Reuters reported Thursday  that negotiations between the UN’s nuclear watchdog (IAEA) and Iran – aimed at securing inspector access to sites where the Iranians are suspected of having conducted military-related atomic work – “appear not to have substantively advanced,” with the agency tersely announcing  that “Iran did not propose any new measures during the meetings in Tehran” and that no date had been set for renewing negotiations.
Diplomats had flown into Tehran for two days of talks aimed at making progress on Iranian transparency measures, just over a month after the IAEA issued a blistering report  blasting the Islamic republic for failing to meet four out of five transparency obligations by an agreed August 25 deadline. The same report noted that the Iranians had instead spent the time destroying evidence in a way that “likely… further undermined the Agency’s ability to conduct effective verification.”
Reuters reported that  Western officials in Vienna reacted to the news of the talks’ failure by emphasizing that continued Iranian stonewalling could jeopardize broader efforts to secure a nuclear deal between the P5+1 global powers and Tehran:
Western officials say Iran must improve cooperation with United Nations nuclear sleuths if it wants to reach a settlement to a protracted dispute with six world powers over the country’s nuclear program and be rid of crippling financial sanctions.
The International Atomic Energy Agency said in a statement after the Oct. 7-8 meeting in Tehran that discussions would continue. But it did not announce a date for the next round of talks focused on the Vienna-based IAEA’s concerns that Iran had initially been supposed to address by late August.
Diplomats in the Austrian capital said it seemed that very little, if any, progress had been achieved.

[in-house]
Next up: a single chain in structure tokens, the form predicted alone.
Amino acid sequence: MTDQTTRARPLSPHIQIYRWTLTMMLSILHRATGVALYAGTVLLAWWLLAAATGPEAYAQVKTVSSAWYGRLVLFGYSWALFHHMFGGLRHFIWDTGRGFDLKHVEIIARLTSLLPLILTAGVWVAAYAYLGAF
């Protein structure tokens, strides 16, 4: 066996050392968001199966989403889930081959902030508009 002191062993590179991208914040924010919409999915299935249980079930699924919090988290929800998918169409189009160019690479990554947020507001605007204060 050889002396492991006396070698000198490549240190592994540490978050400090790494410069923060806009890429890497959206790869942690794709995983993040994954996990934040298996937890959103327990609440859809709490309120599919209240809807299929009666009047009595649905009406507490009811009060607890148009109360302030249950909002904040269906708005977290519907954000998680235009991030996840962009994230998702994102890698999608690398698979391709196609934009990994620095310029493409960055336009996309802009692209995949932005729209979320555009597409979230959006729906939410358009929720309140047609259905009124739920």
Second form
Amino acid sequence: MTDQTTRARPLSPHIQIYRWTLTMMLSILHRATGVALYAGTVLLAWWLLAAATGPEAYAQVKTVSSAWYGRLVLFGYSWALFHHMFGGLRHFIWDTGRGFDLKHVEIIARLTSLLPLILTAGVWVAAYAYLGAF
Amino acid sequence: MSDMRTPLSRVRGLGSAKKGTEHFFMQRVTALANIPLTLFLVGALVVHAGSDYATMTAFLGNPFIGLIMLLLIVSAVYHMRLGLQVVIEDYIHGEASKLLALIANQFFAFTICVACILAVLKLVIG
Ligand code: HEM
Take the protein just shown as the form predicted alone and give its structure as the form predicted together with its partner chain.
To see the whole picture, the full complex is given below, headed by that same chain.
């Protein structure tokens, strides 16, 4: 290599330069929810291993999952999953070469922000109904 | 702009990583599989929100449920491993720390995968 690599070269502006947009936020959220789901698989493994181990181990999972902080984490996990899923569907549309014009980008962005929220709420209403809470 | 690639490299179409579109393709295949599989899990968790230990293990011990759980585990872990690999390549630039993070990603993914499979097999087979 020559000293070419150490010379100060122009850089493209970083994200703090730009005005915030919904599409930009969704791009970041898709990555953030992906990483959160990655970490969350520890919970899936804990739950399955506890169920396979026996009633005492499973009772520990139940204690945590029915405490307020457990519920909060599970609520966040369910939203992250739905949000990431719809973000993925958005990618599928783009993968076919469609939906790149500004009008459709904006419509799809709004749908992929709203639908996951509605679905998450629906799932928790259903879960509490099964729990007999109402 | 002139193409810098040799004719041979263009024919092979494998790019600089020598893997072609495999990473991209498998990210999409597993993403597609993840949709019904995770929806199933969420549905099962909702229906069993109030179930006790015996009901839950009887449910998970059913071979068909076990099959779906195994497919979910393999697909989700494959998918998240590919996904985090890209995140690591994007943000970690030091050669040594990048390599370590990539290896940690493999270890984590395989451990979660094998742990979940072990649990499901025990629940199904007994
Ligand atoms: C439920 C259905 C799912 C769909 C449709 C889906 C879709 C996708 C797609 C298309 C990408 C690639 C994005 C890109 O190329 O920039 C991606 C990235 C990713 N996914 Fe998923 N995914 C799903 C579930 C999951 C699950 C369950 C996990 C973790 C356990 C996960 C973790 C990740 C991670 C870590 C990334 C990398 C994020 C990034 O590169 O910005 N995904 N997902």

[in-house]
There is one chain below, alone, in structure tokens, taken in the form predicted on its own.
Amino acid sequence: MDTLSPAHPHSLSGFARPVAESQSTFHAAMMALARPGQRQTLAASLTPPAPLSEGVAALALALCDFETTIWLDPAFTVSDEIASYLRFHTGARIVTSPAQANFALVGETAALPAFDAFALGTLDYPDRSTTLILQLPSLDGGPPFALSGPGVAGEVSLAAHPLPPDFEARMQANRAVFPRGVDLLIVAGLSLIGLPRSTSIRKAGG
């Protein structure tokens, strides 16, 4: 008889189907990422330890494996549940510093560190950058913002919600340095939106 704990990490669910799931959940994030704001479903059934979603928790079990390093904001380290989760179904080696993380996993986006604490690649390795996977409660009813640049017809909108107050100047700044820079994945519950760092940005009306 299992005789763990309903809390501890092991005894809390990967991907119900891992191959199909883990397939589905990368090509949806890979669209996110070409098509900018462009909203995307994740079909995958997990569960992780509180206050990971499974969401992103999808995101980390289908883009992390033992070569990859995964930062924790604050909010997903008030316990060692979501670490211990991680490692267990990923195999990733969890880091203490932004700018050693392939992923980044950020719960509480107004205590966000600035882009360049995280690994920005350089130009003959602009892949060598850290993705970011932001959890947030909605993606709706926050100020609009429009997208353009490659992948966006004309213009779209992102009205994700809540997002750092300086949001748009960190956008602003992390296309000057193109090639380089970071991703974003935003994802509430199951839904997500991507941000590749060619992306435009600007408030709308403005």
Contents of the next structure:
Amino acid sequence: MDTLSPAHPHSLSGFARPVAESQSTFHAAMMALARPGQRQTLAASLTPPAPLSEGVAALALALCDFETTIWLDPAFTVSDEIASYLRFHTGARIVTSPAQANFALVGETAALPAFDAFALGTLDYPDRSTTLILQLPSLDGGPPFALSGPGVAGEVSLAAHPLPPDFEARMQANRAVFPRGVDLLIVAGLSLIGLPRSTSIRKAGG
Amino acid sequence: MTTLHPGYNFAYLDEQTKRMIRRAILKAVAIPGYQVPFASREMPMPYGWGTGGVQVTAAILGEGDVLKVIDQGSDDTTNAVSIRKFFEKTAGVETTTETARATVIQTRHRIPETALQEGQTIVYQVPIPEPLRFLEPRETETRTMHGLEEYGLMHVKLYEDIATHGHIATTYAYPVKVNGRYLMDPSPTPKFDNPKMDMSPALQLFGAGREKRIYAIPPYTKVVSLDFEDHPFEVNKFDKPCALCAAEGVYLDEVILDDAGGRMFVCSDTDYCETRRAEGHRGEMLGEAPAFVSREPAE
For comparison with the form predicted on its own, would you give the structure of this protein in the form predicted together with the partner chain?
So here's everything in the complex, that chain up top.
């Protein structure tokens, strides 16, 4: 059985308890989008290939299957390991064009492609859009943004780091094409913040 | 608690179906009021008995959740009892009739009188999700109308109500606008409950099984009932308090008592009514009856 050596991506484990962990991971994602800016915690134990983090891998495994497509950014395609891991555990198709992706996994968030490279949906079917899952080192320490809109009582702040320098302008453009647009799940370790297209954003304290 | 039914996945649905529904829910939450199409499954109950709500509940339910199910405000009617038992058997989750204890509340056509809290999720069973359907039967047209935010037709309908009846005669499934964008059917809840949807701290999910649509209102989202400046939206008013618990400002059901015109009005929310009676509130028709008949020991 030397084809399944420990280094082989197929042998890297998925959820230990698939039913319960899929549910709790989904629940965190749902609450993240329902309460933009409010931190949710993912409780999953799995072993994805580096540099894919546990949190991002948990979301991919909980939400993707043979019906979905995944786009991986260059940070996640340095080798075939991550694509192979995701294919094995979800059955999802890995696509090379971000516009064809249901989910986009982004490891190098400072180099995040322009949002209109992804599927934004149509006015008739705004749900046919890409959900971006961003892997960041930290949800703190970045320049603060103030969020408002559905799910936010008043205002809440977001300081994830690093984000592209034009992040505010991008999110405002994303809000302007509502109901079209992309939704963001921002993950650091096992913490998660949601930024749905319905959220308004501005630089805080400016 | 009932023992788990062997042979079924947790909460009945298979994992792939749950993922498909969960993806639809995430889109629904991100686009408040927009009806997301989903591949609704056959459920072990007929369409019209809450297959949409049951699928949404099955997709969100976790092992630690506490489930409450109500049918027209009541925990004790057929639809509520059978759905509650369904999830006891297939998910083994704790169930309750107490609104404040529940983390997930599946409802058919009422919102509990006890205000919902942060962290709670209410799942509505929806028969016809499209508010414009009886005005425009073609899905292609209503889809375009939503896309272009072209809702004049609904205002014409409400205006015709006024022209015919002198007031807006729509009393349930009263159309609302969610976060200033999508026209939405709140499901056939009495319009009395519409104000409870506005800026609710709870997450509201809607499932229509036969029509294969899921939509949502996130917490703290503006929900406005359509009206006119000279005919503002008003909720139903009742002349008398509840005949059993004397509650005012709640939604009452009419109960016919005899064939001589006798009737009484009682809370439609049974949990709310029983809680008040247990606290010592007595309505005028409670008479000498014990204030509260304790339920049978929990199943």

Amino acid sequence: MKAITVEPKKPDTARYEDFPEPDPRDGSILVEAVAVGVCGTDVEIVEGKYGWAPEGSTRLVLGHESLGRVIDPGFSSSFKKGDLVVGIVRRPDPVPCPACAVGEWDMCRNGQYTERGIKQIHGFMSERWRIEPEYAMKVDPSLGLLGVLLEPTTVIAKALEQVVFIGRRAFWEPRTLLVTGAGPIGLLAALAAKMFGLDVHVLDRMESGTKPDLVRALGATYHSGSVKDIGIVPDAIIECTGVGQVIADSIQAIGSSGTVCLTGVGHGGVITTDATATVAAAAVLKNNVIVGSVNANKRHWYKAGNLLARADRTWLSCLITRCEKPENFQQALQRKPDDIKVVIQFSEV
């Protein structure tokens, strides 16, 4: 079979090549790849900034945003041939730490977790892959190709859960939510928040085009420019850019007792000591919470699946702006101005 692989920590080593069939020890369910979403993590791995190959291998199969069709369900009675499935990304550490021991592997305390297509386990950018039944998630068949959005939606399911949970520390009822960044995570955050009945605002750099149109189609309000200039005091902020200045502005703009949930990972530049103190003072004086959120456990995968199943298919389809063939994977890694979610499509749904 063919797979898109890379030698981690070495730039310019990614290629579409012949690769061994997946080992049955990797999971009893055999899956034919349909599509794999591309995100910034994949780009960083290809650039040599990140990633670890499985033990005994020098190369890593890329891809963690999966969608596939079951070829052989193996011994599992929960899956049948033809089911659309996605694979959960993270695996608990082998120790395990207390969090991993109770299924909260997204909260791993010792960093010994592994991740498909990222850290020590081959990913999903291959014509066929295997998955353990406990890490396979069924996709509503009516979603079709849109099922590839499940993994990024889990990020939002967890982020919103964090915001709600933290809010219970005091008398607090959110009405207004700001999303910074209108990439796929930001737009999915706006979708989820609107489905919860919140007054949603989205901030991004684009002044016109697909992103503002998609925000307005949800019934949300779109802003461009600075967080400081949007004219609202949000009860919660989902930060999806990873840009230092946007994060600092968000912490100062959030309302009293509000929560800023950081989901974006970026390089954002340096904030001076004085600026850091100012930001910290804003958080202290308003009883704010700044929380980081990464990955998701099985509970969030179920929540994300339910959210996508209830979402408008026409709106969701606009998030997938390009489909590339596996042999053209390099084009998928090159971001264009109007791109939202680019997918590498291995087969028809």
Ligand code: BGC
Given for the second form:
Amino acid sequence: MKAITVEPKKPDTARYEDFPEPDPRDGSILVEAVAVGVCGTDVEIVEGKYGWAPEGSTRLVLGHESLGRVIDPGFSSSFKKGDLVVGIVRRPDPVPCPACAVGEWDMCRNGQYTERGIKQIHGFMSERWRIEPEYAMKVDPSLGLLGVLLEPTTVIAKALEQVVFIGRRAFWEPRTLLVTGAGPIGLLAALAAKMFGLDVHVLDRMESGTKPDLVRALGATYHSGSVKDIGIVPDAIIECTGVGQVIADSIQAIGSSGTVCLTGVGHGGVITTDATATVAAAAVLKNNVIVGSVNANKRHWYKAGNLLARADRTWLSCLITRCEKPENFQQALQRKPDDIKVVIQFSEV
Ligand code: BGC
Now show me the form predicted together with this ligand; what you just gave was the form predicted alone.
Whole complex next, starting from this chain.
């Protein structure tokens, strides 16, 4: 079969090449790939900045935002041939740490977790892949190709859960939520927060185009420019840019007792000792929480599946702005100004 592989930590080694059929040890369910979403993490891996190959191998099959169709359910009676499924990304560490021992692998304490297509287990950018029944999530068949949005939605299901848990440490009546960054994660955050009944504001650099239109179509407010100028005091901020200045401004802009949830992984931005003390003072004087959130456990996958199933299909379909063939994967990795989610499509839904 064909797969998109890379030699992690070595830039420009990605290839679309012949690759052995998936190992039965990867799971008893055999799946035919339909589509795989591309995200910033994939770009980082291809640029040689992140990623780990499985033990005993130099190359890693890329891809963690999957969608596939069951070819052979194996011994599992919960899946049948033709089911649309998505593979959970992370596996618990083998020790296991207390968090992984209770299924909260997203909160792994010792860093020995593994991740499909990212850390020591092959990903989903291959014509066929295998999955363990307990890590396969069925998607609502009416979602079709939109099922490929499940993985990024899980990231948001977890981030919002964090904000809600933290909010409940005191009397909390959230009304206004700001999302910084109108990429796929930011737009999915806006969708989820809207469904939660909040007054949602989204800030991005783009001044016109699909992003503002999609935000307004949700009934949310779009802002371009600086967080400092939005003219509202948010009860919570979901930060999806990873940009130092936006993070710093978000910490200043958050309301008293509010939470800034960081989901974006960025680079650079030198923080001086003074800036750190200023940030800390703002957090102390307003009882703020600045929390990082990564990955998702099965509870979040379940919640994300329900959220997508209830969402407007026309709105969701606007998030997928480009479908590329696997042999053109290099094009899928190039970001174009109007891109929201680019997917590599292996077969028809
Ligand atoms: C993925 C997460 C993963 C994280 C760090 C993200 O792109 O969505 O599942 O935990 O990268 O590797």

At stake are international concerns over the so-called possible military dimensions (PMDs) of the Iranian nuclear program, the central significance of which has sometimes been underplayed  by voices within the foreign policy community. While the P5+1 is charged with negotiating over Iran’s uranium work, its plutonium work, and its ballistic missile work – all of which the Iranians are obligated by half a dozen United Nations Security Council (UNSC) resolutions to roll back – the IAEA seeks to establish the scope of Iran’s overall atomic program, including in those three more specific areas.
The mandate stretches beyond full-blown weaponization work, and into military involvement in uranium mining, centrifuge construction, and so on. Full Iranian disclosure is considered a minimum to establishing a robust verification regime: The IAEA can’t verify that Iran has met its obligations to limit uranium work, for instance, unless it knows the full scope of the uranium work that’s being done. PMD-related transparency is seen as not just another issue – say, one that Iran could refuse to trade away by making concessions in other areas – but as a prerequisite to verifying Iranian compliance across all issues.
[Photo: IAEA imagebank / Flickr ]